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The Yale of My Day
When the World Barged In

I entered Yale a long time ago, but graduated recently. It wasn’t the number of years that elapsed (the usual four), but their character. I spent the first weeks of freshman year submerged in a basement suite in Vanderbilt Hall, occasionally peering up at the ankles of Chapel Street. But when I came up for air during the fall of 1989, not only from my individual cocoon, but from the larger, more frenetic one supplied by the University at large, the world outside was unfamiliar. To read the newspaper, I had to squint. Political and national identities upon which I depended scarcely less than I depended on the identities of my parents, teachers, and roommates, had come unhinged. That Czechoslovakia, for instance, was a nation that shared the Soviet Union’s ideological principles was not a fact to which I had given great thought during my 18 years, but it was a fact upon which I oriented myself morally nonetheless. But one day Czechoslovakia was not a nation that shared such principles with the Soviet Union. Nor did the Soviet Union itself. And I was soon informed that Czechoslovakia was not really a nation at all. And, for that matter, neither was the Soviet Union.

At first, my friends and I thought we could close the newspaper and be free of such turbulence. In our country, after all, and in the patch of it on which we passed our college days, the ground felt stable. So preoccupied were we by the personal journeys and transformations engendered by college life that we needed to believe the landscape was fixed in order to chart our own movement. But it was not really so. As surely as a friend began referring to Henry Turner’s history survey “Germany: Great Power to Divided Nation,” as “Germany: Great Power to Divided Nation to Great Power,” the changes in the world changed us.

At first, they taught us to believe in universals. All our lives we had been told that people wanted the same things: the right to choose their governments democratically, the right to assemble and worship, the right to buy and sell freely. But we also knew that in many of the world’s countries, particularly in the swath surrounding the Soviet Union, people did not do such things. And we had all heard the governments of those countries confidently announce that what their peoples wanted was different and what they had they treasured. And, after all, not being Bulgarian, how could we be sure that Bulgarians wanted what we wanted?

But during my first years at Yale, men and women in that part of the world—a world that seemed so hostile and so alien—poured into the streets to say: We do. The officials who had told us their peoples were irredeemably different gave way overnight to leaders who quoted the Declaration of Independence. And this bred in us a growing, if unstated, confidence that we could make assumptions about those around us by extrapolating from ourselves. Watching students in Prague ’s Wencenslaus Square wearing headbands in memory of the students of Tienanmen, it suddenly seemed obvious that people dreamed of translatable things. For a moment, difference was subdued, and we were liberated from the overwhelming burden of what we did not know.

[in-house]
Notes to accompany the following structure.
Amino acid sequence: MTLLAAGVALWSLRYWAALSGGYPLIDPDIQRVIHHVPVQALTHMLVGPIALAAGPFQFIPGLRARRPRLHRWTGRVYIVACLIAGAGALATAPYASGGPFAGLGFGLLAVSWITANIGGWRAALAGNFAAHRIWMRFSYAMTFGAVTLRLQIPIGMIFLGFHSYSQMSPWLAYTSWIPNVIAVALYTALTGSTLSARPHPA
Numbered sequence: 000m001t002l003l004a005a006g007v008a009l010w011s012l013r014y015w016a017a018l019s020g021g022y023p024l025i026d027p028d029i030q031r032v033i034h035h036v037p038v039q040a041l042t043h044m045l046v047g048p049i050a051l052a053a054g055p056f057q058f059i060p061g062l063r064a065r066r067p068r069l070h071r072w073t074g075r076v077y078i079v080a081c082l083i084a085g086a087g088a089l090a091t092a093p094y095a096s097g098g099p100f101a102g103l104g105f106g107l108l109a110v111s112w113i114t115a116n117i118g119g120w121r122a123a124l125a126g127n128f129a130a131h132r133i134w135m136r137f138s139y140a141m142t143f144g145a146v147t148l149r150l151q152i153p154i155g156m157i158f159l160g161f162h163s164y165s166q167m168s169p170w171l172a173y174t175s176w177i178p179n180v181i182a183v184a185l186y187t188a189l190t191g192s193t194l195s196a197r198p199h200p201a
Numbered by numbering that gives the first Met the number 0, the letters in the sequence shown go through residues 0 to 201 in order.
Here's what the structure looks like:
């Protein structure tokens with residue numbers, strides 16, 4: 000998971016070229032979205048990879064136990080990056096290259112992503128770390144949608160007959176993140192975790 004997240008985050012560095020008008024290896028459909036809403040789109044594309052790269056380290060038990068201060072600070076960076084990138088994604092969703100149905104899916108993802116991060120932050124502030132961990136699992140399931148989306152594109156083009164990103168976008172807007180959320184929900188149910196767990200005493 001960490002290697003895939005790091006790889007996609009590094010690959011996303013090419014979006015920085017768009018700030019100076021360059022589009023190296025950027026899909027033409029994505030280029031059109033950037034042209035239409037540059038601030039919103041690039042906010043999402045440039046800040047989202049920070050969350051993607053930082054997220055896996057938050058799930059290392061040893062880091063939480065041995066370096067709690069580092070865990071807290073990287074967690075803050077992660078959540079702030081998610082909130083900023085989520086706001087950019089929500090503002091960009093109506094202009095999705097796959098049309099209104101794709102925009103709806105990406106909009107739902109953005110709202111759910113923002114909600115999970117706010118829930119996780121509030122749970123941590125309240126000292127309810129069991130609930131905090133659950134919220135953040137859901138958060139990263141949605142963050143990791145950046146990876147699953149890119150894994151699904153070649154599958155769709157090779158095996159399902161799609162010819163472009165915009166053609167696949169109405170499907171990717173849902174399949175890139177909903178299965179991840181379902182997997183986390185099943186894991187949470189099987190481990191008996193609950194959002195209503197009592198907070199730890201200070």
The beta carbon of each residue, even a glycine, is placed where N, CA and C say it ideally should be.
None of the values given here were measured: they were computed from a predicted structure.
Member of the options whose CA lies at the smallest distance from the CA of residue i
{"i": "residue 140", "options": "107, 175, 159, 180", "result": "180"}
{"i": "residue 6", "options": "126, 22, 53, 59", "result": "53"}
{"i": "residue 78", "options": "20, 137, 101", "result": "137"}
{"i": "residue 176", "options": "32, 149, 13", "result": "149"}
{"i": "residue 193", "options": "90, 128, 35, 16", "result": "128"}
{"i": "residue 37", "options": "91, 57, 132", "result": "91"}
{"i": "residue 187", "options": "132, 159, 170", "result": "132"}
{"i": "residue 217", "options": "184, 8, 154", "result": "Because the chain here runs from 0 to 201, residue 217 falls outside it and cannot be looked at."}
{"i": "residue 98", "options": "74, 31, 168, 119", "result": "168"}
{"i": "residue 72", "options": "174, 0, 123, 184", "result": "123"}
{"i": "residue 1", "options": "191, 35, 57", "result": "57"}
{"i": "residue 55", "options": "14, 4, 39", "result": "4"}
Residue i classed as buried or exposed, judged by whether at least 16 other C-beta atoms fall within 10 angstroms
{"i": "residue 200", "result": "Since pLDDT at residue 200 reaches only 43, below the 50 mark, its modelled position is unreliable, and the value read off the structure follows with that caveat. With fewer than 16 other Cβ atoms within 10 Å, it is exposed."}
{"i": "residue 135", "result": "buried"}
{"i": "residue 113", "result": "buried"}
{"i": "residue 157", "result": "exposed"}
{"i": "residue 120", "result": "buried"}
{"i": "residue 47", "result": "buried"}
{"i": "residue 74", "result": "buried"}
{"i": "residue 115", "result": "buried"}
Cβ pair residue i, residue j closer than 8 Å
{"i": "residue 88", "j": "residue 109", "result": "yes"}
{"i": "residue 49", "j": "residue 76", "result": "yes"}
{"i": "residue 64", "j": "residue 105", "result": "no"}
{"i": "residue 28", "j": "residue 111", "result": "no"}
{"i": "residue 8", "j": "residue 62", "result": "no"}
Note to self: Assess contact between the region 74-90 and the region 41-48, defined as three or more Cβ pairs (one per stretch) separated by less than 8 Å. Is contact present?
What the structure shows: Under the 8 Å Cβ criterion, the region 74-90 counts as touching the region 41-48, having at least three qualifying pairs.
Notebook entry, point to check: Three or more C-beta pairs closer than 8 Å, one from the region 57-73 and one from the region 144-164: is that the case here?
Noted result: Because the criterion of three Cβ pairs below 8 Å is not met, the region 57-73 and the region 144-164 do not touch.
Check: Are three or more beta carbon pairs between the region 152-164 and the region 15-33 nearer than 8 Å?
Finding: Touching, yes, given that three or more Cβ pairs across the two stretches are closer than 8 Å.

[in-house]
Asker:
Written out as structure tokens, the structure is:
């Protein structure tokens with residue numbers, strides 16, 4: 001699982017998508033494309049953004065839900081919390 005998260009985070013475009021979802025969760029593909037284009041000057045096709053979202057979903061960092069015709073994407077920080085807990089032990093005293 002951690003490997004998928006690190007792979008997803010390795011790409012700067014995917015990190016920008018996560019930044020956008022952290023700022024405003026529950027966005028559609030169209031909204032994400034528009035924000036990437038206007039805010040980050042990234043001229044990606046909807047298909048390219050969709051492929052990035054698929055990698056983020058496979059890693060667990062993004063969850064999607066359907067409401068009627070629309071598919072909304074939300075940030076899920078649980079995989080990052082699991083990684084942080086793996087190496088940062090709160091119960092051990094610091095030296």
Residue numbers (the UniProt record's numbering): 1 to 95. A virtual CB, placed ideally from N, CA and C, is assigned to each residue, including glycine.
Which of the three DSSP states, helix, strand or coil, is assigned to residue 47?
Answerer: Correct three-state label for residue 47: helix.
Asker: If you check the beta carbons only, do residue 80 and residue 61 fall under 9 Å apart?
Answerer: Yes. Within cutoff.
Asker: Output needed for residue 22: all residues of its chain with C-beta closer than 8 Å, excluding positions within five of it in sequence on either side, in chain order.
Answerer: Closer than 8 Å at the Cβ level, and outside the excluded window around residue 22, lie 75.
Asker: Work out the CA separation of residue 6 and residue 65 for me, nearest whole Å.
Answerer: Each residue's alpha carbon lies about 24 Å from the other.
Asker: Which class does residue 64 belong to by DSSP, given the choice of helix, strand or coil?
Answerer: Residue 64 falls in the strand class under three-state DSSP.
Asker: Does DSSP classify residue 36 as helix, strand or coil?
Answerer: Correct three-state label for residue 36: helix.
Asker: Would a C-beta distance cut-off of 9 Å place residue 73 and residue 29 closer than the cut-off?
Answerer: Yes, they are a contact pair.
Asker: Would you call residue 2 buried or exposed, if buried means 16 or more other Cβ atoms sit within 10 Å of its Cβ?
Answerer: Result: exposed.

It is that moment which is long ago. And it was, in a way, childlike. University life, after all, is supposed to infuse us with awe at what we do not know, not at what we do. And as someone studying history, I should have known better than to be seduced by the notion that we had reached a resting point. And soon enough, difference roared back. In parts of the former communist world, struggles against tyranny turned into struggles against national impurity. And the West’s unwillingness to defend a liberal, multi-ethnic Bosnia against the sectarians who menaced it bred cynicism about whether our leaders truly believed such principles were universal either.

And once again, we were not immune. If the Berlin of 1989 left us giddy about transcendence, the Sarajevo of 1993 produced cults of particularity. It is no surprise that my final years at Yale spawned the profound relativism that would come to fruition on the right in the recent works of Charles Murray and Samuel Huntington, and on the left in the mindless apostles of difference who chanted about the end of apartheid, on Beinecke Plaza, “It’s a black thing—you wouldn’t understand.” It was that ethos that formed the intellectual backdrop to graduation, and since it remains dominant today, I feel I graduated recently. But I can still taste 1989, and it is with that time that I associate my Yale days, not simply as an act of memory but of belief.  the end





The Yale of My Day

Young Lords and Lower Classes

Distant Thunder

New Haven On Stage

From White Shoe to Combat Boot

Defying Dink

Harold Bloom and the “Orc Cycles”

Vietnam On Our Mind

Of Reading, and a Wink

A Confusion of Lures

Chronicling a Cauldron

Surviving “Grim Professionalism”

Diary Daze

A Not Unwelcome Senselessness


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